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Leftist leads in Colombia's capital as nation votes following violent campaign

Leftist leads in Colombia's capital as nation votes following violent campaign

A left-wing opposition party held a large advantage in the race for mayor of Colombia's capital Sunday after violence-marred regional campaigns across the nation.
While conservative President Alvaro Uribe remains widely popular, polls indicate that the party he defeated for the presidency last year may take the second most important elective post in the country _ Bogota mayor.
Samuel Moreno, grandson of a military dictator, held a lead of 40 percent to 22 percent over independent former Mayor Enrique Penalosa, according to a poll published Saturday by the newspaper El Tiempo. The survey by the Datexco company had a margin of error of 2.7 percentage points.
Moreno's Alternative Democratic Pole already governs Bogota, but consecutive victories would be a boost for his party ahead of the 2010 presidential race. With nearly 7 million people, the capital is home to a sixth of Colombia's population.
Moreno has seemed to shrug off controversies _ notably a pro-Moreno article posted on a Web site favorable to Colombia's leftist guerrilla movements, and his statement in a debate that he would buy 50 votes if he knew his rival had purchased 50,000.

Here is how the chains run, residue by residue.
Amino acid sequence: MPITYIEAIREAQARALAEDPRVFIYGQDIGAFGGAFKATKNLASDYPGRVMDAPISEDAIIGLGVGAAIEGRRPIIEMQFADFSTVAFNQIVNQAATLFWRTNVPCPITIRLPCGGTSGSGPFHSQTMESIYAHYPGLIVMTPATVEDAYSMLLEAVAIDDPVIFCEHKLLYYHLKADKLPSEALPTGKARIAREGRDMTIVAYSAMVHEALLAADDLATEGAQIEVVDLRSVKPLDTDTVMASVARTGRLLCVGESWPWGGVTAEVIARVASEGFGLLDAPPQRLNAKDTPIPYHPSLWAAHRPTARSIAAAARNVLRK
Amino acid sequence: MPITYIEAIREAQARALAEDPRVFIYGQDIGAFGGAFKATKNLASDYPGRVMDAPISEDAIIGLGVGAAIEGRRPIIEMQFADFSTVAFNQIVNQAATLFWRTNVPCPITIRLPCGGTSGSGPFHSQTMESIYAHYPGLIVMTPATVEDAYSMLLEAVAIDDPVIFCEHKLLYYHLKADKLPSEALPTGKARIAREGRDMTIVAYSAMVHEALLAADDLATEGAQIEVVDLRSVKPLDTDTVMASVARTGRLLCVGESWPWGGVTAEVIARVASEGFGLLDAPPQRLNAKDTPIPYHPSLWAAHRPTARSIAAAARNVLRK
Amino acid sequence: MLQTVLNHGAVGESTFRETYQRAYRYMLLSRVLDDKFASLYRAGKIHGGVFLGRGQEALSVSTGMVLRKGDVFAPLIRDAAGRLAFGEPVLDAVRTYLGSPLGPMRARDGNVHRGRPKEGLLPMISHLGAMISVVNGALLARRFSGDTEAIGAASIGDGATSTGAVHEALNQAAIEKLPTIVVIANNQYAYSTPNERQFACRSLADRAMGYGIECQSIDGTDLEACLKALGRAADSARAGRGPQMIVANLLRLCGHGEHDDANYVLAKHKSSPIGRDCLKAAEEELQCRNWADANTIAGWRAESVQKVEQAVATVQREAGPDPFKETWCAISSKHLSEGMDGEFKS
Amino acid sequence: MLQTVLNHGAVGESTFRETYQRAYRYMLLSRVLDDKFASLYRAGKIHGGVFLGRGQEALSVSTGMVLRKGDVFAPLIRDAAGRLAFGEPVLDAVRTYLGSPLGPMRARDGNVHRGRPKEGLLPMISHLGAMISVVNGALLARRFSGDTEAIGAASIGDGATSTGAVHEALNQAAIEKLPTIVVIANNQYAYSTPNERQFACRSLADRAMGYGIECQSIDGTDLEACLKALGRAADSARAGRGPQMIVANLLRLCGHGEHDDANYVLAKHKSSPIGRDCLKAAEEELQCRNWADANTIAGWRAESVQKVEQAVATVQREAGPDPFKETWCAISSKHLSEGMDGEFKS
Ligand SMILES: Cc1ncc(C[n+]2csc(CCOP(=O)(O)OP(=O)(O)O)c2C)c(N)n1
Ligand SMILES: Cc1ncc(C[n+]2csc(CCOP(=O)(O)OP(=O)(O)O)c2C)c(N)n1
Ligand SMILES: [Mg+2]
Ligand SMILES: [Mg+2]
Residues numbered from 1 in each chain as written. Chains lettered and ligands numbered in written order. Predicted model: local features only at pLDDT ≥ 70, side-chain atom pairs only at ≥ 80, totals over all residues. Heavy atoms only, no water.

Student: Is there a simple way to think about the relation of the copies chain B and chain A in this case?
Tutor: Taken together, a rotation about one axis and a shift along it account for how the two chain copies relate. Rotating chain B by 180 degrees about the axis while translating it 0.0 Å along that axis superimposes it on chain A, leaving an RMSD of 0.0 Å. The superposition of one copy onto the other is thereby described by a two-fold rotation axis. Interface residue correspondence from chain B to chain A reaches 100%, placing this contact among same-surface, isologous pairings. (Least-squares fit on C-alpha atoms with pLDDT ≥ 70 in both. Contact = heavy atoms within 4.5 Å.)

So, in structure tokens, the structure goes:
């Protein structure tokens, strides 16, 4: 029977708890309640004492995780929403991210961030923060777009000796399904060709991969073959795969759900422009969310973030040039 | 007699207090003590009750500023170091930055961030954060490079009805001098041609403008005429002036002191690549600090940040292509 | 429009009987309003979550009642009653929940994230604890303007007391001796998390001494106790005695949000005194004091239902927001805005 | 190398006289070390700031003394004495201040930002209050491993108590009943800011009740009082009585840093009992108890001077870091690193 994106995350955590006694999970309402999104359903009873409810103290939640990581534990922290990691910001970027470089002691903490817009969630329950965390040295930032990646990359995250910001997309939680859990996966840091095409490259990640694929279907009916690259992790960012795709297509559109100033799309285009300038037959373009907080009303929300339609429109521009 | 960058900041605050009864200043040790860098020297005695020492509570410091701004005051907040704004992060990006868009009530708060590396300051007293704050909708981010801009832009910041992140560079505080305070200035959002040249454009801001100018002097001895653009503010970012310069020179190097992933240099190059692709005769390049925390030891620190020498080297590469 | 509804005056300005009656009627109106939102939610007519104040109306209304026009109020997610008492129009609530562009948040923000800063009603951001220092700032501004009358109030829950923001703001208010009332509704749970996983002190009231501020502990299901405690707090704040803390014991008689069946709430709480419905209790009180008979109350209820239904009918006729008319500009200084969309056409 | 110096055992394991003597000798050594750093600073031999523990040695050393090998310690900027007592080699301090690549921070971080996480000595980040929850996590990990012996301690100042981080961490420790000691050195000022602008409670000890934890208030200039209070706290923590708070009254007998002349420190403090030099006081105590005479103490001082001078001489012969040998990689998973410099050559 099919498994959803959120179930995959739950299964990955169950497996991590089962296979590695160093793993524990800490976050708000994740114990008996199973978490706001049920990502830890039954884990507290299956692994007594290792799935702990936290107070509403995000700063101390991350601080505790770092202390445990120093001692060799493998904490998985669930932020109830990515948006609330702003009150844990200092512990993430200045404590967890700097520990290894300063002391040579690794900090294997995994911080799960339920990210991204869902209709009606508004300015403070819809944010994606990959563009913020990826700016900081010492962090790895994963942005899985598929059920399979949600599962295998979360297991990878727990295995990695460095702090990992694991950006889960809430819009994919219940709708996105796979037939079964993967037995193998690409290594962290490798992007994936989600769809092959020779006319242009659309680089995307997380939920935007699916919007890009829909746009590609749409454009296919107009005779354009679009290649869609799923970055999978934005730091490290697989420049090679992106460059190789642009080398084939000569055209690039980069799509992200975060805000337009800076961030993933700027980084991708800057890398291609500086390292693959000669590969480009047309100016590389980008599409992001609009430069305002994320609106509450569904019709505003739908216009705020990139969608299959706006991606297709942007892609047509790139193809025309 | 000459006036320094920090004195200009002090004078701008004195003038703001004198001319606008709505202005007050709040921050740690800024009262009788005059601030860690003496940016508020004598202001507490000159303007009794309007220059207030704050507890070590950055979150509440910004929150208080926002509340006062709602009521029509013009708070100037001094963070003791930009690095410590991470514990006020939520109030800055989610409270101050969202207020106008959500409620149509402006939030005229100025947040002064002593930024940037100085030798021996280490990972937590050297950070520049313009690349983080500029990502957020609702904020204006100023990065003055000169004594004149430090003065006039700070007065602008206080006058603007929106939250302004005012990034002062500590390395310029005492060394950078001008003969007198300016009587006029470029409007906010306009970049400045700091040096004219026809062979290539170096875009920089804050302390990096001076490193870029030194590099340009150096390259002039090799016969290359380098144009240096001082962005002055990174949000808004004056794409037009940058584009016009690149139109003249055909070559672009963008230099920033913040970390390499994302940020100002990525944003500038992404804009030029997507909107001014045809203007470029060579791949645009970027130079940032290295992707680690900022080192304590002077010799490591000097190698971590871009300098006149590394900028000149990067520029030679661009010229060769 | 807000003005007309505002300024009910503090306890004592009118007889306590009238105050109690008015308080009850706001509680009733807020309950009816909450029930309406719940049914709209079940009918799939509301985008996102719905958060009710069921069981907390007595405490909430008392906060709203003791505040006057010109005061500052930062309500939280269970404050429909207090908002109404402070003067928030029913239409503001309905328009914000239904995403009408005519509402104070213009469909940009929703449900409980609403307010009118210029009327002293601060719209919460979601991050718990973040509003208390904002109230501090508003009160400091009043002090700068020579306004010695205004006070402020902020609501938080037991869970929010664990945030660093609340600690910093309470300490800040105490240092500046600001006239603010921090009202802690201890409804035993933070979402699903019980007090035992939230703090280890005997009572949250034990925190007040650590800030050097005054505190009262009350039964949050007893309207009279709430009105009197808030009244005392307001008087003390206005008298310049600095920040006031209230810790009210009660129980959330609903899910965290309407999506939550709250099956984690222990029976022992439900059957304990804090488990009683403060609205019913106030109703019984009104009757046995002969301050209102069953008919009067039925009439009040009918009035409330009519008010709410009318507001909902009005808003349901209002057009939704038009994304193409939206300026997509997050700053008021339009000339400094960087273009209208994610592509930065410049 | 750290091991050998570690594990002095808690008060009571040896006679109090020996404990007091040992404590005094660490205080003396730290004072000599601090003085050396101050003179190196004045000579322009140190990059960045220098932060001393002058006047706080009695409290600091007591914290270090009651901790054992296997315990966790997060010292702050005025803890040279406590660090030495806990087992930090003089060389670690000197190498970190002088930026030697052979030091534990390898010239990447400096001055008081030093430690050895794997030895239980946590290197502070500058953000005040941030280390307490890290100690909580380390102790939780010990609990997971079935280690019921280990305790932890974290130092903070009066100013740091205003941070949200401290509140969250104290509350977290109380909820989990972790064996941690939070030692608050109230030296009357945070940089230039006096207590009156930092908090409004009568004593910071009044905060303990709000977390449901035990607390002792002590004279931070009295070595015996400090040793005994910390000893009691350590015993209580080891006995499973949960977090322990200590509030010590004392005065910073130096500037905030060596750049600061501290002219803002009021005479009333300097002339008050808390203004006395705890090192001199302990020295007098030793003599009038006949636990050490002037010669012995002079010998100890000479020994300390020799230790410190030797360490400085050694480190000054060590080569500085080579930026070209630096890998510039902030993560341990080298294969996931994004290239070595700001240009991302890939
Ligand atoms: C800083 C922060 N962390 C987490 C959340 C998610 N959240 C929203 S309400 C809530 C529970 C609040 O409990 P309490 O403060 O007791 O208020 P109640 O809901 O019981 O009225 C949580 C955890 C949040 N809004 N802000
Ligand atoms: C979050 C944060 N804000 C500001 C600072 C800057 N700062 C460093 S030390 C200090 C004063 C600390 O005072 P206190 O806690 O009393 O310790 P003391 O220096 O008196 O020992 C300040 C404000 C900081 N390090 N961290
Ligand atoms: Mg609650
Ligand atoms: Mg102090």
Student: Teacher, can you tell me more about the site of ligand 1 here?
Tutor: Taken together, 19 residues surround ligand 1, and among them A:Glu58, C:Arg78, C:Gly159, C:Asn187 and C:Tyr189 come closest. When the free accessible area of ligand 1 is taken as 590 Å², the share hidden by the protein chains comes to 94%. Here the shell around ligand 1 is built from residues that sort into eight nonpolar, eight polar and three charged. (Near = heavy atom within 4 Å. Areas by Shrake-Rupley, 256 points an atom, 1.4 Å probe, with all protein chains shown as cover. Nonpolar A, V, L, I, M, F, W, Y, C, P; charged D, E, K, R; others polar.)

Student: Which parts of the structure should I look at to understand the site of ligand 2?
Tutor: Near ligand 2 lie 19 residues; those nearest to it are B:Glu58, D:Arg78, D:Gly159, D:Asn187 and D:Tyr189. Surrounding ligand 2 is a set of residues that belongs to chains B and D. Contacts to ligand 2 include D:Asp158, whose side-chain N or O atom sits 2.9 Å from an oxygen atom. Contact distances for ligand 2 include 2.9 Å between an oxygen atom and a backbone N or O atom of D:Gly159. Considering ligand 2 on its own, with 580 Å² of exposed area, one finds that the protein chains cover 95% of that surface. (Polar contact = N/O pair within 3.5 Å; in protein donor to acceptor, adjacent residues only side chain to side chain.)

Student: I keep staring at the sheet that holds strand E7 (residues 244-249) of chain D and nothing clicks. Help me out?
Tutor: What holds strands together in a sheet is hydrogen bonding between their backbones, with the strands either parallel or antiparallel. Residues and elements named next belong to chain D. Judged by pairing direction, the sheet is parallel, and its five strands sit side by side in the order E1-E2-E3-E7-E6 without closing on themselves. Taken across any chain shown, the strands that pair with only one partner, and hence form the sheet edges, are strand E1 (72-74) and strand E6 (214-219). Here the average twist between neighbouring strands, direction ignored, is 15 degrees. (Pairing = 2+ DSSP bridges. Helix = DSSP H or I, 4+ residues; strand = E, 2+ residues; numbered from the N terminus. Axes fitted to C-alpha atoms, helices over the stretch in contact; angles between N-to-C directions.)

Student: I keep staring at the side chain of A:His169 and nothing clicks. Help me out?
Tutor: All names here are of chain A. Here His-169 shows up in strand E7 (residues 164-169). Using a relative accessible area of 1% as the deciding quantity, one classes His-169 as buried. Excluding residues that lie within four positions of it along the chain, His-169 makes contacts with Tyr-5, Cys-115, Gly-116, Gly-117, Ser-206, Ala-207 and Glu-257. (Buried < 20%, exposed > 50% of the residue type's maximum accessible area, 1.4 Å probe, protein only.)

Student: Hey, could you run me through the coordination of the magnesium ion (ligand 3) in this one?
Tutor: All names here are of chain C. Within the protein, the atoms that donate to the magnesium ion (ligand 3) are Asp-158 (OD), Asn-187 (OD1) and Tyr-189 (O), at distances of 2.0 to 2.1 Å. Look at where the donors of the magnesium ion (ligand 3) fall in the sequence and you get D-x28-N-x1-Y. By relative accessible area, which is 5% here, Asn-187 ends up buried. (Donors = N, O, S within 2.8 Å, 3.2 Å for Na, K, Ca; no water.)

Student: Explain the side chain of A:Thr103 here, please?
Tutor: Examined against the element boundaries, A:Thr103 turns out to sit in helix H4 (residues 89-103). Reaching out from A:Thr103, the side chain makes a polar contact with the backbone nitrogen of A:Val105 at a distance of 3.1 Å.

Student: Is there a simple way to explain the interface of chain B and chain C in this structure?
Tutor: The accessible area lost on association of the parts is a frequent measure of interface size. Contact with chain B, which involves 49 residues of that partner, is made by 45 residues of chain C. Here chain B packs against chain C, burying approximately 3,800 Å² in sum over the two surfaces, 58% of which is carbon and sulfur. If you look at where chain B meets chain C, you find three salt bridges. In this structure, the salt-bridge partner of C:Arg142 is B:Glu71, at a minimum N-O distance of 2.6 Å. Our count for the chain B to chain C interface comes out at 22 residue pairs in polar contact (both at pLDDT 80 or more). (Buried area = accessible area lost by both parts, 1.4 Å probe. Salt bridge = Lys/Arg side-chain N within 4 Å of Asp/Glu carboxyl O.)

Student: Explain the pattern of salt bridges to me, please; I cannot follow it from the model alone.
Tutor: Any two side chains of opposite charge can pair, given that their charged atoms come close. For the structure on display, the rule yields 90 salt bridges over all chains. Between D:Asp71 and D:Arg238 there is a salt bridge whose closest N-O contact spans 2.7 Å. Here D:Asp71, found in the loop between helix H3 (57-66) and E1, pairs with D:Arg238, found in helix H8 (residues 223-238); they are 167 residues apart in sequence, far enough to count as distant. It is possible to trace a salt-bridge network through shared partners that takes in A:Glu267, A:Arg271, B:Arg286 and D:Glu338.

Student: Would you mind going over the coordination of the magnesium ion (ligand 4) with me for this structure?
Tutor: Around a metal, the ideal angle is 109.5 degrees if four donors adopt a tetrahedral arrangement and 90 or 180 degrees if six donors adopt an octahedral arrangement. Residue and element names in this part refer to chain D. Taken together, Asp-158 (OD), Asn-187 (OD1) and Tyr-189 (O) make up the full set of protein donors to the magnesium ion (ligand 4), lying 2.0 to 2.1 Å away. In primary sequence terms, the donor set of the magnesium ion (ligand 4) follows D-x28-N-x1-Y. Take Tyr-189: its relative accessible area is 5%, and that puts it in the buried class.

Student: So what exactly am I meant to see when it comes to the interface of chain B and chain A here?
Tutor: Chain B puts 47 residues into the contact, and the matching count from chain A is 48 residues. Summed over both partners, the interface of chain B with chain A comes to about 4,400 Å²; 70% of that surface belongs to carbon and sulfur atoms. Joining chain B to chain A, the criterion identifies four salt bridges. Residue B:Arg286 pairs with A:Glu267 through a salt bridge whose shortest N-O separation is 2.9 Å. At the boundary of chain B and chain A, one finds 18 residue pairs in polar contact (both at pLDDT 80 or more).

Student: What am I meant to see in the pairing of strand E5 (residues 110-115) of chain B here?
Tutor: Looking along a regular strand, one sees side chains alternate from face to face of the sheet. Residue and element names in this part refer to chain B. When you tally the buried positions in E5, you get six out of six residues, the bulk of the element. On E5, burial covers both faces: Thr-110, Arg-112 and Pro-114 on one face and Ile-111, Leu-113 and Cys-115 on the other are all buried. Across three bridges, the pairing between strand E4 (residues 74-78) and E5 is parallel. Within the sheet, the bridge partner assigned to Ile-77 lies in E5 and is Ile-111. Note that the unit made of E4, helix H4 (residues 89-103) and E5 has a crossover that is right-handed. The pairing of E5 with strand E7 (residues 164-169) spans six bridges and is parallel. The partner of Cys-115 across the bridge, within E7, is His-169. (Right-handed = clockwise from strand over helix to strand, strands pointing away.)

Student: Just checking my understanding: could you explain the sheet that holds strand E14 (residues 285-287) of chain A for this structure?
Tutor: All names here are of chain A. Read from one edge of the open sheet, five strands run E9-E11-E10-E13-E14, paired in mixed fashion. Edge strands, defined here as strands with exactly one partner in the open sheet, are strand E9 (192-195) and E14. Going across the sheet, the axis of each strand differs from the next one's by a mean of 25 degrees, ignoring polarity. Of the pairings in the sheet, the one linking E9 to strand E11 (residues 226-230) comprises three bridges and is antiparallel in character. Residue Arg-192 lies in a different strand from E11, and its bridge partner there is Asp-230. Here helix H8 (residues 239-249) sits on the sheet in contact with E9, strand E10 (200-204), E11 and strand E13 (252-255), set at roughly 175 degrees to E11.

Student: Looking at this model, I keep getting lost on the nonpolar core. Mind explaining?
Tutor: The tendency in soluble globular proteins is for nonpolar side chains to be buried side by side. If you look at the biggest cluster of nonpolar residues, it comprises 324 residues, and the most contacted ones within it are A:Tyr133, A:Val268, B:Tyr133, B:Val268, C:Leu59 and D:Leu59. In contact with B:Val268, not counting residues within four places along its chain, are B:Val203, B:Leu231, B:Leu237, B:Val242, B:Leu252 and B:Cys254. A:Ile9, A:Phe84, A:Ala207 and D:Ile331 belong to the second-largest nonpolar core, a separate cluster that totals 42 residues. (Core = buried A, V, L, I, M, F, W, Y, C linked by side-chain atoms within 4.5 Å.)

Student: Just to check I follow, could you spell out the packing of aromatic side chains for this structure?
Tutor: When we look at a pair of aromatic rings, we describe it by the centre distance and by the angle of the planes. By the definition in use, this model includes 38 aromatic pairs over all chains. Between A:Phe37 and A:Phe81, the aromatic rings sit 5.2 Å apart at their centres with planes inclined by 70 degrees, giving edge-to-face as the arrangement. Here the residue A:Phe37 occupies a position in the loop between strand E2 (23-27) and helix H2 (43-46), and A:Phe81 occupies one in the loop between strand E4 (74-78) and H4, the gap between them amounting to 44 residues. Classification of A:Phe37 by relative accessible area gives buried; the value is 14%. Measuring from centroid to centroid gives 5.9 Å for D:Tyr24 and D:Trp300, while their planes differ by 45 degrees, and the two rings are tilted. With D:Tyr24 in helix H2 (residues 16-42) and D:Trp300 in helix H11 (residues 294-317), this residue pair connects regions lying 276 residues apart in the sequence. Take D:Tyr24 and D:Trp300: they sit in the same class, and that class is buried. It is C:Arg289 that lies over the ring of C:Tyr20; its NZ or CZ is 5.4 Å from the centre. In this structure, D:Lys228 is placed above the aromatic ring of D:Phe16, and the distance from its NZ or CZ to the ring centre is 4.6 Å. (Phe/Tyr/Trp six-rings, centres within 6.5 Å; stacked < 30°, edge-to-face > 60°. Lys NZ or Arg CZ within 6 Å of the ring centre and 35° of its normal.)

On Friday, Uribe issued an appeal for voters which was widely interpreted as veiled plea to reject Moreno, saying, "Don't make a mistake in electing mayors supported by the guerrillas who also buy votes."
At stake Sunday are 32 governorships, 1,098 mayorships and thousands of lesser offices.
There were no immediate reports of violence as polls opened Sunday.
Gen. Freddy Padilla, commander of Colombia's armed forces, said 170,000 soldiers and police were being deployed to safeguard the elections following a campaign in which about 30 candidates were killed, according to the U.N. High Commission for Human Rights.
A bomb exploded Friday near the violent Pacific port city of Buenaventura, killing two marines and a woman and wounding nine others, the navy reported. But it was not immediately clear whether the blast was related to the election.
In an effort to contain violence, the government has restricted the carrying of arms and dangerous materials and banned the sale of alcohol until Monday morning.
Yet the capital, which had been spared the campaign violence afflicting much of the rest of the country, was tense over the weekend. Witnesses reported hearing a huge explosion late Saturday night on the city's outskirts. Police and bomb squad members rushed to the area, but were unable to find anything.


Updated : 2021-10-19 11:49 GMT+08:00